The Wild West ... the outback ... The new world of the 1800s was a time of true liberty. People stood on their own merits. They won or they lost and they reaped the rewards or swallowed the consequences. There were no cubicle dwelling civil servants hell bent on saving you from yourself. No planning permits no licenses no permissions no heritage overlay no bylaw no regulators no inspectors. And guess what ... it worked

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Thursday, June 4, 2009

2020 Health Submission 179 (Doc Holliday)

An excerpt from the book that never was, “Carpet Baggers, Nutjobs and Happy Clappers.

‘We should change over to a public provided health care and only mandate private health care for those [earning] over [$]150,000 per annum.’

Health care policy is pretty screwed up as it is, and this proposal doesn’t make it any better. It’s not clear whether the suggestion is in relation to health insurance, general practice, hospitals, or all three.

The sole virtue of Medicare is that it provides care to those that could not afford private health insurance. But it does so very badly. By being free, it encourages a waste of health resources: some people over-use it, while others who need it get stuck on waiting lists. Moreover, it encourages bad lifestyles, as individuals do not face the financial consequences of their lifestyle choices. By reducing the scope for private health insurance, the public health system would resemble that of France’s, whose health system costs about 2.1 per cent of GDP more than Australia — or $20 billion per year

There is also a strange relationship between Medicare and private health insurance. If you want to purchase additional private health care services to those offered under Medicare, you have to pay for your entire health care cost again — not just the top up. There is no obvious reason why you should take out PHI. To make it attractive, governments must either subsidise private health care or deliver substandard quality of public health care.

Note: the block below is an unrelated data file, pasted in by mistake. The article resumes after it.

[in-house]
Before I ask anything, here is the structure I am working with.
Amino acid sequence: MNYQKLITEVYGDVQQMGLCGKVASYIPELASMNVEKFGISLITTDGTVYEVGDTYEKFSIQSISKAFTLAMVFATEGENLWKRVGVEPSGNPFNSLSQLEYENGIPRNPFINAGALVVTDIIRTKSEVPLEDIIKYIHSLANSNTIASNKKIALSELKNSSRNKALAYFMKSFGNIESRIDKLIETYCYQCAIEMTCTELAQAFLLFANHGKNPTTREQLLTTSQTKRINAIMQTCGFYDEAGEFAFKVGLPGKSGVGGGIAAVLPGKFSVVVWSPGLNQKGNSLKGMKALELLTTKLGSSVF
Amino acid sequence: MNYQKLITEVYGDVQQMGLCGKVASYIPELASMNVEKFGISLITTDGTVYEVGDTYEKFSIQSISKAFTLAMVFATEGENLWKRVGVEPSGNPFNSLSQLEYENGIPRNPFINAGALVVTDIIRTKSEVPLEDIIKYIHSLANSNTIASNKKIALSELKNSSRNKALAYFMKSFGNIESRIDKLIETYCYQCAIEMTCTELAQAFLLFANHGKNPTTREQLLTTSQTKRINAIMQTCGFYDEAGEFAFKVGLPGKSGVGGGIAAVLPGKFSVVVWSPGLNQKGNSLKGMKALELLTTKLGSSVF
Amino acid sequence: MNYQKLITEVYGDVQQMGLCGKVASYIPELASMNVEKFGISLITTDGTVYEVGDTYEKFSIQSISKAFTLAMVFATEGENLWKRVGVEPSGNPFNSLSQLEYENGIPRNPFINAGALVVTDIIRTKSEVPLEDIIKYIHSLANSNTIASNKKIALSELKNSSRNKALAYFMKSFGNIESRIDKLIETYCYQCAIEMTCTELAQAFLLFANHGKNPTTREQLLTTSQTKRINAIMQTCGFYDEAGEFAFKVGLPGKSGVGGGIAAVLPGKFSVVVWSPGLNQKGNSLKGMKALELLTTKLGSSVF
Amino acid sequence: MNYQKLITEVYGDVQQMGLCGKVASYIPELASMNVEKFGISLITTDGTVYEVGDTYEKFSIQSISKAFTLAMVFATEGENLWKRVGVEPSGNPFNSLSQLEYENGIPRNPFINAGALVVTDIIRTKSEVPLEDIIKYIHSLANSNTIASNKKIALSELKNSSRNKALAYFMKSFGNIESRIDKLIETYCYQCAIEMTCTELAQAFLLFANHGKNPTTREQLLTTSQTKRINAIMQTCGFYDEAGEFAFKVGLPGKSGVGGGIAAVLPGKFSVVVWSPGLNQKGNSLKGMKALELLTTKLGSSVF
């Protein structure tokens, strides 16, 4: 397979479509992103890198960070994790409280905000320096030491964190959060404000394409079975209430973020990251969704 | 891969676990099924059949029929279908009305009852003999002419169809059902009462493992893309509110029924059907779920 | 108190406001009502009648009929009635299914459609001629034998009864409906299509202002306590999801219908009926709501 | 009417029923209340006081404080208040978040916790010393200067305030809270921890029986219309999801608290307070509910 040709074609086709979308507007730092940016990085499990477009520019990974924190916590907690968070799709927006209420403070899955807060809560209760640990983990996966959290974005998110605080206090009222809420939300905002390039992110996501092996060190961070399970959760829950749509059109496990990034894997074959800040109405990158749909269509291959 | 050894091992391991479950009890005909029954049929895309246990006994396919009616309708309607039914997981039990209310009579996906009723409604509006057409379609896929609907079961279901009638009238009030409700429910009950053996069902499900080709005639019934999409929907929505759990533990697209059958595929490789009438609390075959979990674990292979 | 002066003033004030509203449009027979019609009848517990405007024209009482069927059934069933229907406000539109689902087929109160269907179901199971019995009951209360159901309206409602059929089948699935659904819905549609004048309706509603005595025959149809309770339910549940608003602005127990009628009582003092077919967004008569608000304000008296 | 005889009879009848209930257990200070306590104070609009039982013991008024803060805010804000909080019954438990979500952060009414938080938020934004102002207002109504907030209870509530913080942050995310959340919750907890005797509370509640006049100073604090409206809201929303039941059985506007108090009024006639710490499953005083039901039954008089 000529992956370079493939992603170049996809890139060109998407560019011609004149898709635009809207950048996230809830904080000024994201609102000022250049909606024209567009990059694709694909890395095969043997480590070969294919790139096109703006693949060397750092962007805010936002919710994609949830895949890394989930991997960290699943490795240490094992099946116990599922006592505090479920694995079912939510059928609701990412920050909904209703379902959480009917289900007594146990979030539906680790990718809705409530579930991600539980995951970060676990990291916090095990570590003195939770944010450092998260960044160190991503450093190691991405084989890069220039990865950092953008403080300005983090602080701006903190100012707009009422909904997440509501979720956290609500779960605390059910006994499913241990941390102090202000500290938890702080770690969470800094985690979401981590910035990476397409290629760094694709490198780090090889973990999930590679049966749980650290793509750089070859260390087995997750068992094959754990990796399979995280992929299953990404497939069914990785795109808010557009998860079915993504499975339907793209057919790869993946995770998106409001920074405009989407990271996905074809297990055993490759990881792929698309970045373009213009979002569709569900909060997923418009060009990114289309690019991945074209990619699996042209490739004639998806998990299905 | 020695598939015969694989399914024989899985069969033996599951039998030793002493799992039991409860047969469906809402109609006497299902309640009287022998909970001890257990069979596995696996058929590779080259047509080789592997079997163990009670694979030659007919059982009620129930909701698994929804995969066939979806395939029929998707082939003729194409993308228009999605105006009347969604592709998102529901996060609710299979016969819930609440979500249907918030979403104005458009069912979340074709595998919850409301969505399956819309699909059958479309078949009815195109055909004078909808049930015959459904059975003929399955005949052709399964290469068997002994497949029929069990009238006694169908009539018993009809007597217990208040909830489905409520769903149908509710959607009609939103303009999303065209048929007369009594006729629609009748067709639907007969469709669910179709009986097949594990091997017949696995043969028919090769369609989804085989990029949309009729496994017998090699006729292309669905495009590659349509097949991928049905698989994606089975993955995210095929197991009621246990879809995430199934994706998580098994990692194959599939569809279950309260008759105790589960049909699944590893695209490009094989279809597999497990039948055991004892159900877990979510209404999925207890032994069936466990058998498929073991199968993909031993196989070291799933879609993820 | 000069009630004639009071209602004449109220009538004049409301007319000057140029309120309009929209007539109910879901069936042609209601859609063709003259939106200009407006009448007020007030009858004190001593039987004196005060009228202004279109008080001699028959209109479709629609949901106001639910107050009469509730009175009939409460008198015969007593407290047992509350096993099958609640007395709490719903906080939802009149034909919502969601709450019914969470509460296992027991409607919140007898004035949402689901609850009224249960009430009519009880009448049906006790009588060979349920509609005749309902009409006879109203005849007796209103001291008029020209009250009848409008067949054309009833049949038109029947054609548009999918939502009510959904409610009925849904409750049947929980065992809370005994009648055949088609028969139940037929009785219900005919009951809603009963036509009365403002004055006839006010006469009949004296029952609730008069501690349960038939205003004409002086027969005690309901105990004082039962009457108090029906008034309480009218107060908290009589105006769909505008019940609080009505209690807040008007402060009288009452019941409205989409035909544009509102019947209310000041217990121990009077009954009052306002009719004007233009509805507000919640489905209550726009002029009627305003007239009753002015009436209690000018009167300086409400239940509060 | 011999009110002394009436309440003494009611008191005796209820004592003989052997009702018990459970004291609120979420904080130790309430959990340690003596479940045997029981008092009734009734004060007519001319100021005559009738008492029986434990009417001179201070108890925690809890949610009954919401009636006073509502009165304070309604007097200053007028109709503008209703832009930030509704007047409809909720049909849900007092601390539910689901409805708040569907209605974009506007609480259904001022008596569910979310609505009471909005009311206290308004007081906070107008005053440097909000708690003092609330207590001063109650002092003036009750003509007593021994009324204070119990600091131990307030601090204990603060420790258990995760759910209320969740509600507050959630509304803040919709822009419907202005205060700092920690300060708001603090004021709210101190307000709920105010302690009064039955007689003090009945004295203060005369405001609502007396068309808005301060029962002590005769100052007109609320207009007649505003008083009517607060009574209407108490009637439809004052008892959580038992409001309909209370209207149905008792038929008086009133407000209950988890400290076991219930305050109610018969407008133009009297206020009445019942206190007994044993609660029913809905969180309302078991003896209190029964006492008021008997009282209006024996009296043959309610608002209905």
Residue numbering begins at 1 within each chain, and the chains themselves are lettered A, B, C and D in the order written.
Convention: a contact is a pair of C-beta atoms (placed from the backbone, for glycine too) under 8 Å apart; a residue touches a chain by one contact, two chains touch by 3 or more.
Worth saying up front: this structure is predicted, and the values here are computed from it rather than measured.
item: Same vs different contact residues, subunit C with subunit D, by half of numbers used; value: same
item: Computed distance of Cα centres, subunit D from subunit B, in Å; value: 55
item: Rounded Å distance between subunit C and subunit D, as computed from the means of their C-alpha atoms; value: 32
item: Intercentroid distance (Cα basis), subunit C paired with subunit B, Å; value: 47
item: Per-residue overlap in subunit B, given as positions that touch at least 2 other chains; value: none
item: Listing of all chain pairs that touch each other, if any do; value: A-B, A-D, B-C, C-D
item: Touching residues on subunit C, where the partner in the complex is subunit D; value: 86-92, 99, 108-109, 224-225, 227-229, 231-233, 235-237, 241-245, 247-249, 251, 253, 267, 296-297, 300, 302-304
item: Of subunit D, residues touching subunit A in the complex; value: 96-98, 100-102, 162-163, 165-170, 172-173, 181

It seems Australian governments are doing both.”Everyone is a loser, babe, and that’s the truth” goes a popular 70s song.

The only decent proposal for governments is to replace the current public–private health insurance paradigm with one in which everyone receives a Medicare grant to use towards purchasing insurance (supplied by a public or private provider) and medical services. Individuals can choose to purchase additional health insurance. Insurers and hospitals will compete for patient funds, thereby promoting competition and efficiency.

The back of the envelope

  • Cost: ~$20 billion:
  • Expected impact on average earnings: Reduced incomes in long term
  • Expected impact on economic growth: Reduction in growth
  • Impact on incentives: Major incetive for moral hazard
  • Impact on government spending: Big increase
  • Impact on taxation: Taxation increased by 2% of GDP
  • Winners: Public Health Administrators
  • Losers; Patients and taxpayers


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